2009 - When Those Relationships Finally Pay Off, UEMA Newsletter, July
Park City Emergency Manager
As Emergency Managers, we spend a lot of time planning, holding exercises, reviewing potential hazards and training for the "big one." Most of our employees have taken at least IS-100.a and participated in a drill, but will they be personally prepared when we need them the most?
Has training your staff on personal preparedness risen to the top of your 'list of many things still to do?'
A local health care company recently polled over 2,000 employees and asked "if those employees would stay at work or come to work in a major emergency? Eighty percent (80%) of the respondents said they would stay at work or come to work, but only if they knew their family was OK."
We cannot put all of our plans into action without our jurisdiction's employees. Employees must be prepared personally, at home and their family members must be prepared as well.
We did 18 classes for over 300 employees on personal preparedness and how the City expects them to respond, including adding a "duty to serve" in every job description. One of the first items in their hands was the Summit County Health Department's Family Preparedness Guide.
Here are few other things for you to consider in getting your staff ready.
Hold a brown bag lunch and have a speaker address disaster supply kits or developing a family preparedness plan and why it's important for them to be ready.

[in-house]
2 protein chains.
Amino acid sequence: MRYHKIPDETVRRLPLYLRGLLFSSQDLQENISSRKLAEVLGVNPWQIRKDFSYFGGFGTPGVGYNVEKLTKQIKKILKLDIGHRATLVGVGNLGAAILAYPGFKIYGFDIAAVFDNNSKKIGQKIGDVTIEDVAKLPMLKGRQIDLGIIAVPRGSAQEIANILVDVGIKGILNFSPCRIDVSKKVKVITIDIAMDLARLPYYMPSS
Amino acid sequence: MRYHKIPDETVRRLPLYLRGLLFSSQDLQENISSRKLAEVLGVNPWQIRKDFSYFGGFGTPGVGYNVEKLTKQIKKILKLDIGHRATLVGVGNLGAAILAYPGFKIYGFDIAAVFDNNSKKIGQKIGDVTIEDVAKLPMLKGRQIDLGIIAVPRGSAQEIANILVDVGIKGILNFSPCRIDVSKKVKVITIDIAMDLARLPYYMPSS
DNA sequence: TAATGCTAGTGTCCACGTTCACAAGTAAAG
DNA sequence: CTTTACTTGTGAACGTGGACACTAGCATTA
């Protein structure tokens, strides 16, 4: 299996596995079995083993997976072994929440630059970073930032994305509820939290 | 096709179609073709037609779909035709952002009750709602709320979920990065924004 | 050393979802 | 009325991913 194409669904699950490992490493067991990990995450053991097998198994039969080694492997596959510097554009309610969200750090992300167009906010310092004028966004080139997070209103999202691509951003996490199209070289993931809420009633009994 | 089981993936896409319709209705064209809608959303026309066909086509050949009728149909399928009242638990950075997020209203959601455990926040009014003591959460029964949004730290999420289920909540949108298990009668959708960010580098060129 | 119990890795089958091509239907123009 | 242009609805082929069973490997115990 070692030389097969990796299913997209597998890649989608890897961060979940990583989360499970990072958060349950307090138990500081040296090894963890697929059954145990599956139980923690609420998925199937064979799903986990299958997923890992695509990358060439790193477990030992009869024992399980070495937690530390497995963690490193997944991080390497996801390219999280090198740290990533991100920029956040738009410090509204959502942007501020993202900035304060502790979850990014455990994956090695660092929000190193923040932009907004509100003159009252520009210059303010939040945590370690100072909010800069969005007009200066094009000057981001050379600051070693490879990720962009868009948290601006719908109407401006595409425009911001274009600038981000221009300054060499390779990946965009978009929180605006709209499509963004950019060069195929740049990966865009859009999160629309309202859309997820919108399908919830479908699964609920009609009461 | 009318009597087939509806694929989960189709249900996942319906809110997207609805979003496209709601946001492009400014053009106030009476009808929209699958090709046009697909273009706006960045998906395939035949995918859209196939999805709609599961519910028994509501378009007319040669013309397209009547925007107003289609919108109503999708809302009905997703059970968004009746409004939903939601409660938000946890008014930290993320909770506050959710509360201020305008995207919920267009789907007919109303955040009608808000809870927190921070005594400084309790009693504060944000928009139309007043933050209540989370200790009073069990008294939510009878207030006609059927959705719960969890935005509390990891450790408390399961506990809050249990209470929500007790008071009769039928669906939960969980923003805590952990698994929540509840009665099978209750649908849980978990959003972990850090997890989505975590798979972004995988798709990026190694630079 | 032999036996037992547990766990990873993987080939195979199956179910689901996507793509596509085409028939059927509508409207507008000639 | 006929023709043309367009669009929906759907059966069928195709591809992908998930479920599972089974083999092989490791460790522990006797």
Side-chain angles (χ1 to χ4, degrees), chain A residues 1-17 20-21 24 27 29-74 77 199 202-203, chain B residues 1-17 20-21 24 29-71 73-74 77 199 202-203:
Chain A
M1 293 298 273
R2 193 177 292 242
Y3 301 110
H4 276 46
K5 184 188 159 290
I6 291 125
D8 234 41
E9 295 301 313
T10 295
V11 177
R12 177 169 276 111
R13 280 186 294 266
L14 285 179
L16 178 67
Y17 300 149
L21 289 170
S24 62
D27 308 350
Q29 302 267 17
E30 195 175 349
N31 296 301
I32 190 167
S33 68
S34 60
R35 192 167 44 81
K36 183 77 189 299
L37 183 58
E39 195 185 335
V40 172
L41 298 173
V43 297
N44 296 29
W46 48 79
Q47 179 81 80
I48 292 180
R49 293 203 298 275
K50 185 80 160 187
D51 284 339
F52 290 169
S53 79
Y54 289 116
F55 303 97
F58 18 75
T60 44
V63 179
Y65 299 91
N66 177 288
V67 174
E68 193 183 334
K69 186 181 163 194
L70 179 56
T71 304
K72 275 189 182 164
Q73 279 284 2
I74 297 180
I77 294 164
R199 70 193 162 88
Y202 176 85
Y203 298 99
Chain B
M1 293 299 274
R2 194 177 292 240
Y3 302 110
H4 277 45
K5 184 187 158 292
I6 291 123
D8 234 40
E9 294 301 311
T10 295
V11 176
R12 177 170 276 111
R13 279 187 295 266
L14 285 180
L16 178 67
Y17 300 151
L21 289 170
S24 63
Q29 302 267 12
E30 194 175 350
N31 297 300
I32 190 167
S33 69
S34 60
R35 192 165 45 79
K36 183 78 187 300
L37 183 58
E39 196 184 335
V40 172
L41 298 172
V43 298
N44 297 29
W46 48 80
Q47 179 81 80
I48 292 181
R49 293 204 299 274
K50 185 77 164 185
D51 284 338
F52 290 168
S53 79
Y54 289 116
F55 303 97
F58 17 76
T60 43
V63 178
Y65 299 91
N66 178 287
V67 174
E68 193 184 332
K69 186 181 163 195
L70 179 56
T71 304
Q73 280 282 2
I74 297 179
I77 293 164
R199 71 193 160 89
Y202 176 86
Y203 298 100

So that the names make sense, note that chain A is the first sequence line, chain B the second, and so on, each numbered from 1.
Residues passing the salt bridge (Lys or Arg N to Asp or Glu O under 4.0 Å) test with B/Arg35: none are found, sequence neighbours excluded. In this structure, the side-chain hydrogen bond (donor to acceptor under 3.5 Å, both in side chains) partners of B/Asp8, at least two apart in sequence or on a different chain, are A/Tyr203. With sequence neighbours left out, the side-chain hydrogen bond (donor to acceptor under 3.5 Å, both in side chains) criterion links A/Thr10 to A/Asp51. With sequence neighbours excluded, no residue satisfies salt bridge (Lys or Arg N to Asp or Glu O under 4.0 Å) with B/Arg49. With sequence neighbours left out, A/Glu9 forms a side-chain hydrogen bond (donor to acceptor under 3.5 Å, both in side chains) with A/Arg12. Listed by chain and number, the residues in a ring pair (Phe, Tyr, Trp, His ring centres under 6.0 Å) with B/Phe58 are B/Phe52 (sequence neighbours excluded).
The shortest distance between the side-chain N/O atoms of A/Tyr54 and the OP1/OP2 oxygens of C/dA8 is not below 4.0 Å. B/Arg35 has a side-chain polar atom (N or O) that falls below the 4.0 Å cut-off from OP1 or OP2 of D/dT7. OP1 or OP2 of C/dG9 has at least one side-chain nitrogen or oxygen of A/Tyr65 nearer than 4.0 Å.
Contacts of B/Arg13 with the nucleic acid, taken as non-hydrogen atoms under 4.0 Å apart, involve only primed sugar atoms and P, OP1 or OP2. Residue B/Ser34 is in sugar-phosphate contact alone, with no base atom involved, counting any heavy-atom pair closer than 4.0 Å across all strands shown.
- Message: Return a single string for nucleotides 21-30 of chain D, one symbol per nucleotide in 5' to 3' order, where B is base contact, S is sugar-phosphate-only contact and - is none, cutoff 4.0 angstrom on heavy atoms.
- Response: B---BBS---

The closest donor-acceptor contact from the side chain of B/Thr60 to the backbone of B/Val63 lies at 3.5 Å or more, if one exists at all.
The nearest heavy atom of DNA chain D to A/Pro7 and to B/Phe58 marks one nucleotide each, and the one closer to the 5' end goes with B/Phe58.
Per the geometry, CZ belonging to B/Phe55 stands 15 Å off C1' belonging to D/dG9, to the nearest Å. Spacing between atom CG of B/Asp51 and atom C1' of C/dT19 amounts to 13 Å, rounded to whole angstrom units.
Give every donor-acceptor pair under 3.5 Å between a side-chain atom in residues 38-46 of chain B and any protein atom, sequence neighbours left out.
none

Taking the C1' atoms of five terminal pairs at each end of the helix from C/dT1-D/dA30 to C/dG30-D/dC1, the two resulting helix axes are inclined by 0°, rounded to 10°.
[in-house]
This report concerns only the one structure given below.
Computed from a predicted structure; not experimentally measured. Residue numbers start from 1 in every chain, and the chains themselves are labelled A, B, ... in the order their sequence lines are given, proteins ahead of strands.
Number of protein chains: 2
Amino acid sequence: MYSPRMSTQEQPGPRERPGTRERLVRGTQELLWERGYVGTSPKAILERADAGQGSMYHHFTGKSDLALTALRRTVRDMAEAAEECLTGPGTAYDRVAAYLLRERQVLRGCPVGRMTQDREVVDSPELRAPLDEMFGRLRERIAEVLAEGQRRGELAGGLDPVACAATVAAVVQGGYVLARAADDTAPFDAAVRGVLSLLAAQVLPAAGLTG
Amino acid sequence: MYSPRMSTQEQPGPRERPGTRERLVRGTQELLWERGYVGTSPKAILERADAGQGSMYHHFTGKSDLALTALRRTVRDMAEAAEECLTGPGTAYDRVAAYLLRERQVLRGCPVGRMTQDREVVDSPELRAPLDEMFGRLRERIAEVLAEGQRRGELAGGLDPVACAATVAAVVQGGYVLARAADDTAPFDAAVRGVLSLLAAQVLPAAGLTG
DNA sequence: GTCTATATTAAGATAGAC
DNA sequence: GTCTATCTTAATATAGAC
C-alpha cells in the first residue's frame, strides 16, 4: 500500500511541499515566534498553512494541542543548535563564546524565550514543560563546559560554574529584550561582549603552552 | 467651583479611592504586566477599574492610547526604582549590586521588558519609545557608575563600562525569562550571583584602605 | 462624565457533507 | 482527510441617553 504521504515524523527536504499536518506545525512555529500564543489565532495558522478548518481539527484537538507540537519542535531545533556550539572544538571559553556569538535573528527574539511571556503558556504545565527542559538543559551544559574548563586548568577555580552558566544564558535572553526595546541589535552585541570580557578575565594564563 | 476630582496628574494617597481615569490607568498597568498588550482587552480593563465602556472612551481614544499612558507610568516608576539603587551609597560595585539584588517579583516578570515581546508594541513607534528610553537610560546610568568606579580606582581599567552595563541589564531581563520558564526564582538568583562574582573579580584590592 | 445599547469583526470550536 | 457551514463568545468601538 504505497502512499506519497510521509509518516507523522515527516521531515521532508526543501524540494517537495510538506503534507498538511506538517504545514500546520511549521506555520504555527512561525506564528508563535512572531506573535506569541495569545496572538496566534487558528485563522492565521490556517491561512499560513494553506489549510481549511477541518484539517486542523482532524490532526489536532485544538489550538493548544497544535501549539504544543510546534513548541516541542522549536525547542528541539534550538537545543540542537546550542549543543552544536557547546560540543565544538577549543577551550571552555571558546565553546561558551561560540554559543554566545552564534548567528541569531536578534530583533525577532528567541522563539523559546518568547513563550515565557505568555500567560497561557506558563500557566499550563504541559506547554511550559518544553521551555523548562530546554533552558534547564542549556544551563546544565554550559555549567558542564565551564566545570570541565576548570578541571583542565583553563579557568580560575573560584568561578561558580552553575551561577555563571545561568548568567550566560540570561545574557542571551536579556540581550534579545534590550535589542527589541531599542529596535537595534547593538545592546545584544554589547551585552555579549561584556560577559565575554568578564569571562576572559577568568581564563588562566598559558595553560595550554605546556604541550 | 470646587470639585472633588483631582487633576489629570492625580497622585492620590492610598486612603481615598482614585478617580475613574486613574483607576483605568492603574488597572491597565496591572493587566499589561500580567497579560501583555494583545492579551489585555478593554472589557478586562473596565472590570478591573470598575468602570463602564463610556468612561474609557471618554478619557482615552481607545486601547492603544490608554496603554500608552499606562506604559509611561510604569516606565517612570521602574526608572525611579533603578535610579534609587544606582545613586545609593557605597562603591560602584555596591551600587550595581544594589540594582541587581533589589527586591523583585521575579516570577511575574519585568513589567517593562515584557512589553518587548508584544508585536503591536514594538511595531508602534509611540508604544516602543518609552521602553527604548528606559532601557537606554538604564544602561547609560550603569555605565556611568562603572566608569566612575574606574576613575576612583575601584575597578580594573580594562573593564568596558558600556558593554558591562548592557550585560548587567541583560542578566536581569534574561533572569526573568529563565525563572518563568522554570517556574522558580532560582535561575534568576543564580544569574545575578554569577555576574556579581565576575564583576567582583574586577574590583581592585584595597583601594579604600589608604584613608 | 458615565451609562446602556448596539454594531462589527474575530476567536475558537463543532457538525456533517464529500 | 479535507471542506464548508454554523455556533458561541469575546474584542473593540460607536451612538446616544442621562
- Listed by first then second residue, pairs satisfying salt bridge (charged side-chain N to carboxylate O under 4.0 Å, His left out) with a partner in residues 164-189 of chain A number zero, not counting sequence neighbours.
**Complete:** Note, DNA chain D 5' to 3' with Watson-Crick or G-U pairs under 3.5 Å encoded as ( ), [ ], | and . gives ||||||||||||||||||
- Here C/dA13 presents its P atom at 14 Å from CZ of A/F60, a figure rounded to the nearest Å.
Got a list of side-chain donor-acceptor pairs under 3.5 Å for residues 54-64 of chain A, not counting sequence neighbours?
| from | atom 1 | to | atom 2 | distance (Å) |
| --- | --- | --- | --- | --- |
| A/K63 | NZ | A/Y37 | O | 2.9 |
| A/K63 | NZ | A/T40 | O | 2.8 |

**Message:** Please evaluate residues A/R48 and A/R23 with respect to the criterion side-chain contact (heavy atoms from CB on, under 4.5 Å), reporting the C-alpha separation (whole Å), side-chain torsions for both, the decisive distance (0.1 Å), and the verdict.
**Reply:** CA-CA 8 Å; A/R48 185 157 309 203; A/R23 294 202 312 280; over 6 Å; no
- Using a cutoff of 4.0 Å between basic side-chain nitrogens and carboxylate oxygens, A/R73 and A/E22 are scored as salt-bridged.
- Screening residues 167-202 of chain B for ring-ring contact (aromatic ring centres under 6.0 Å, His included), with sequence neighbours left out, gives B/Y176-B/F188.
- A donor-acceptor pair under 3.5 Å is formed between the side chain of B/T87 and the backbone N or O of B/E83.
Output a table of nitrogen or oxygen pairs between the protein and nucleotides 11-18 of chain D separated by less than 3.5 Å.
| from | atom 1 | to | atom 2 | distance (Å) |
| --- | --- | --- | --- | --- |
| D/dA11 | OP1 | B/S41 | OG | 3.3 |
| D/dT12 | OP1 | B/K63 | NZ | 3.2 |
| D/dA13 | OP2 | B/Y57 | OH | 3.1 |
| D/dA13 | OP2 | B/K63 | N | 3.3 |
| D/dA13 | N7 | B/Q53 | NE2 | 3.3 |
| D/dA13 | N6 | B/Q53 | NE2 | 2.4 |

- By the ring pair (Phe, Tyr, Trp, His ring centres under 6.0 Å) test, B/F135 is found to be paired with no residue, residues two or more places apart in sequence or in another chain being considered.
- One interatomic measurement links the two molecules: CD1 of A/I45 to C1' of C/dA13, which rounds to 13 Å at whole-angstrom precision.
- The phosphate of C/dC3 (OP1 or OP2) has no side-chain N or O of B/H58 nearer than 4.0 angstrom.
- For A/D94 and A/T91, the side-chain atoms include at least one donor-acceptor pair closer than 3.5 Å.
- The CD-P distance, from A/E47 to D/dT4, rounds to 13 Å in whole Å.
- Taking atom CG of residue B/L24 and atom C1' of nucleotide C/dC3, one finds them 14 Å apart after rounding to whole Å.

Give preparedness items as incentives such as flashlights, multifunction tools, etc.
Share a list of items to keep in your office or car that would make staying at work a little easier.
Consider mandatory half hour classes for each department on preparedness.
Have an 'employee only' emergency contact phone number where they can get information or leave information in a disaster.
Get a copy of a family preparedness guide into every employee's hands. For key staff, consider assigning commercial 72 hour kits to each of them.
Discuss having a family contact outside the area to field family calls and coordinate family information.
In conjunction with Human Resources distribute a flyer or newsletter outlining job requirements in an emergency, including, duty to serve, how payroll and hours will be handled, rally points if you can't get to your normal workplace, assignment to a department that might not be your regular place of work, etc. Include a "preparedness blurb" in employee newsletters or develop your own "preparedness newsletter."
If our employees aren't prepared to take care of themselves and their families, how can we expect them to take care of our communities and those that are counting on us. Community preparedness begins at each individual's home, starting with ourselves. Are you, your family and home prepared?